“Be sure you know the condition of your flocks, give careful attention to your herds; for riches do not endure forever, and a crown is not secure for all generations.  When the hay is removed and new growth appears and the grass from the hills is gathered in, the lambs will provide you with clothing, and the goats with the price of a field, you will have plenty of goats milk to feed you and your family and to nourish your servant girls.  He who works his land will have abundant food, but the one who chases fantasies will have his fill of poverty.”   Proverbs 27:23-27

(Both oil paintings were created by my amazing and gifted brother-in-law Dan Mandish   Visit his collection at:  https://saltandlighteditions.wordpress.com)

 

 

Write On

It’s safe to say that no one was more shocked than I that Friday morning in 1972 when my name was announced. The panel of judges had chosen me as the first prize winner for news writing at the 19th Annual Press Day at El Camino College. Sitting in the darkened auditorium awaiting the results, I had zero hope or expectation of being recognized. In all honesty, I had strongly considered not even showing up that day as nearly 400 student journalists from 17 South Bay high schools convened to compete. It was truly a last minute decision to jump into my ’65 Mustang and head to the competition. What the heck. All my friends were going, so, why not?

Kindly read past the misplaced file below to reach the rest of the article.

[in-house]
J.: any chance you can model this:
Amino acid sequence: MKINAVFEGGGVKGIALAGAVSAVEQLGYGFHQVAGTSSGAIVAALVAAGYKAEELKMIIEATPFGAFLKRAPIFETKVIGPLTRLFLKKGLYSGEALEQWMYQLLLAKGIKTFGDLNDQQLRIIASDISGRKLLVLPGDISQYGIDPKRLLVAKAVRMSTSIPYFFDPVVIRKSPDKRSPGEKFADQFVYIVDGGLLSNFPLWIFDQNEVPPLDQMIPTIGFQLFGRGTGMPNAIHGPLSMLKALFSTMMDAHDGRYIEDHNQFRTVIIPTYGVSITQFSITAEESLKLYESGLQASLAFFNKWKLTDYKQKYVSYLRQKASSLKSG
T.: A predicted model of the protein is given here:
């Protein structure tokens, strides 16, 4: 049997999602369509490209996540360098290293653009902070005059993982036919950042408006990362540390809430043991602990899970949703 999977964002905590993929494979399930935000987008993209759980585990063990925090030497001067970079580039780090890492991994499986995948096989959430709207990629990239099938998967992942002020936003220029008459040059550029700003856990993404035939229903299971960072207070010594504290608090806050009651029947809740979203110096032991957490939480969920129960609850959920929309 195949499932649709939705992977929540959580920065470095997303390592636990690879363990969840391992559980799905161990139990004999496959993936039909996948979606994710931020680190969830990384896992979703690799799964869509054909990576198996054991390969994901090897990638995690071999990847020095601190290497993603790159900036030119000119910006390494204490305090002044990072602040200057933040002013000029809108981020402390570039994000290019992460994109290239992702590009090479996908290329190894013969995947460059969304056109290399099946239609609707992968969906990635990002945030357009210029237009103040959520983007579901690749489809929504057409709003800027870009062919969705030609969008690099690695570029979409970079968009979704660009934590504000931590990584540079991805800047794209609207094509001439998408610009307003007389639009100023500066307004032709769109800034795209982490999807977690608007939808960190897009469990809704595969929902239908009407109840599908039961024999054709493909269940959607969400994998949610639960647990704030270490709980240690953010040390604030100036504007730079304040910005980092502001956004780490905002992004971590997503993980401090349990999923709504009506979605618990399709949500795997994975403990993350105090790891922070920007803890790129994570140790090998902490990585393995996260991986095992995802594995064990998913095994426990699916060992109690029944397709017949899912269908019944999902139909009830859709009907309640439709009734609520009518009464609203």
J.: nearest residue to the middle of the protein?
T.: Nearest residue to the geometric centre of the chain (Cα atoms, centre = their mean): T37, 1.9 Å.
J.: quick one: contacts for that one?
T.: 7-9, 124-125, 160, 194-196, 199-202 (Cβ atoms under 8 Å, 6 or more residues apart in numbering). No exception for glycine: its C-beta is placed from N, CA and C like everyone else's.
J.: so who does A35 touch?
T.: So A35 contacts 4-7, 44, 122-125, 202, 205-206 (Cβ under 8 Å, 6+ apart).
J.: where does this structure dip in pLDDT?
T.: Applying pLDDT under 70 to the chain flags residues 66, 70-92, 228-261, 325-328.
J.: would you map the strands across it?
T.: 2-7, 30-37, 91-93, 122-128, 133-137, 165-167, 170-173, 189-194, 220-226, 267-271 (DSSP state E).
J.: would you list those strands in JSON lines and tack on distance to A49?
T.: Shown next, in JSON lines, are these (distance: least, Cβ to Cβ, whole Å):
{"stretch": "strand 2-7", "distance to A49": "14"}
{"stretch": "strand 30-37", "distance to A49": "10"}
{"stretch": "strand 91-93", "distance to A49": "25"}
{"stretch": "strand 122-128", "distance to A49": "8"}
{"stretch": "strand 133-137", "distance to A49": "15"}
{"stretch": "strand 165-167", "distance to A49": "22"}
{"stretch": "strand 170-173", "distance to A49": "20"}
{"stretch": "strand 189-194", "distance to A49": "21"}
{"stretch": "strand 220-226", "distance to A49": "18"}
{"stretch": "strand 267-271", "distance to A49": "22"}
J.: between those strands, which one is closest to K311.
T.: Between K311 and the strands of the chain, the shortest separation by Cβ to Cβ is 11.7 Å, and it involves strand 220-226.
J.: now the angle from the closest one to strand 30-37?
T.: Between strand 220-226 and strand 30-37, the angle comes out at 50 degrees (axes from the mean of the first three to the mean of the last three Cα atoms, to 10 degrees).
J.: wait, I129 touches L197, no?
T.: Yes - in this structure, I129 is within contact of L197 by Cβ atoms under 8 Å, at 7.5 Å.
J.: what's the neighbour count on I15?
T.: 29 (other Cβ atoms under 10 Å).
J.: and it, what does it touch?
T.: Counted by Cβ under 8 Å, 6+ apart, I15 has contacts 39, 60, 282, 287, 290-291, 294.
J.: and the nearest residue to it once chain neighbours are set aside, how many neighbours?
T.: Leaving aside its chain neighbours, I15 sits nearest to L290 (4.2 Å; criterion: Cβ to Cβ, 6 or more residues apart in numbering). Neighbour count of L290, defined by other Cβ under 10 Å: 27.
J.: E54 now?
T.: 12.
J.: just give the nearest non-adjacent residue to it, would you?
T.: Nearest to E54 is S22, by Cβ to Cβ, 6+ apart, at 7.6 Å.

The South Bay Daily Breeze gave me my fifteen minutes of fame…

I remember hearing speakers, attending the informational session and being told to write a news story about it. I was as nonchalant about the contest as a seventeen year old girl could be, still pondering whether to even bother to write the assigned article or not, with no thought of a win. I was already there, and the time was going to pass anyway, so why not just write and get my participation badge?

When I look back on that day, nearly half a century earlier, I view the experience through different lenses. I now see that day as confirmation that I am, indeed, a writer- that I was born with an ability and a desire to write. This, not because I worked so hard at it, or because I studied long or honed my craft– not because I was the best prepared, but, because God gifted me with something that He wanted me to use for His glory. When I least expected to be recognized, He singled me out and shined a light on the gift He gave.

Redondo’s HIGH TIDE featured all the winners on the front page.
My very brief moment of high school glory!

Though there was a time when I had aspirations to write on a grander scale, I am happy now to share my little stories here with you, whoever and wherever you may be. I will continue write to share with you the meaningful moments and lessons He blesses me with, as I endeavor to fully live this beautiful, difficult, joyful, challenging and precious life He has called me to. Gifts are meant to be shared, so, I will write in response to the One who gives and Who consistently reminds me to pass it on. The act of processing life through these humble words is my response to the Giver of all good gifts. It matters not whether only one person or a million reads them. He made me a writer and, so, I must write.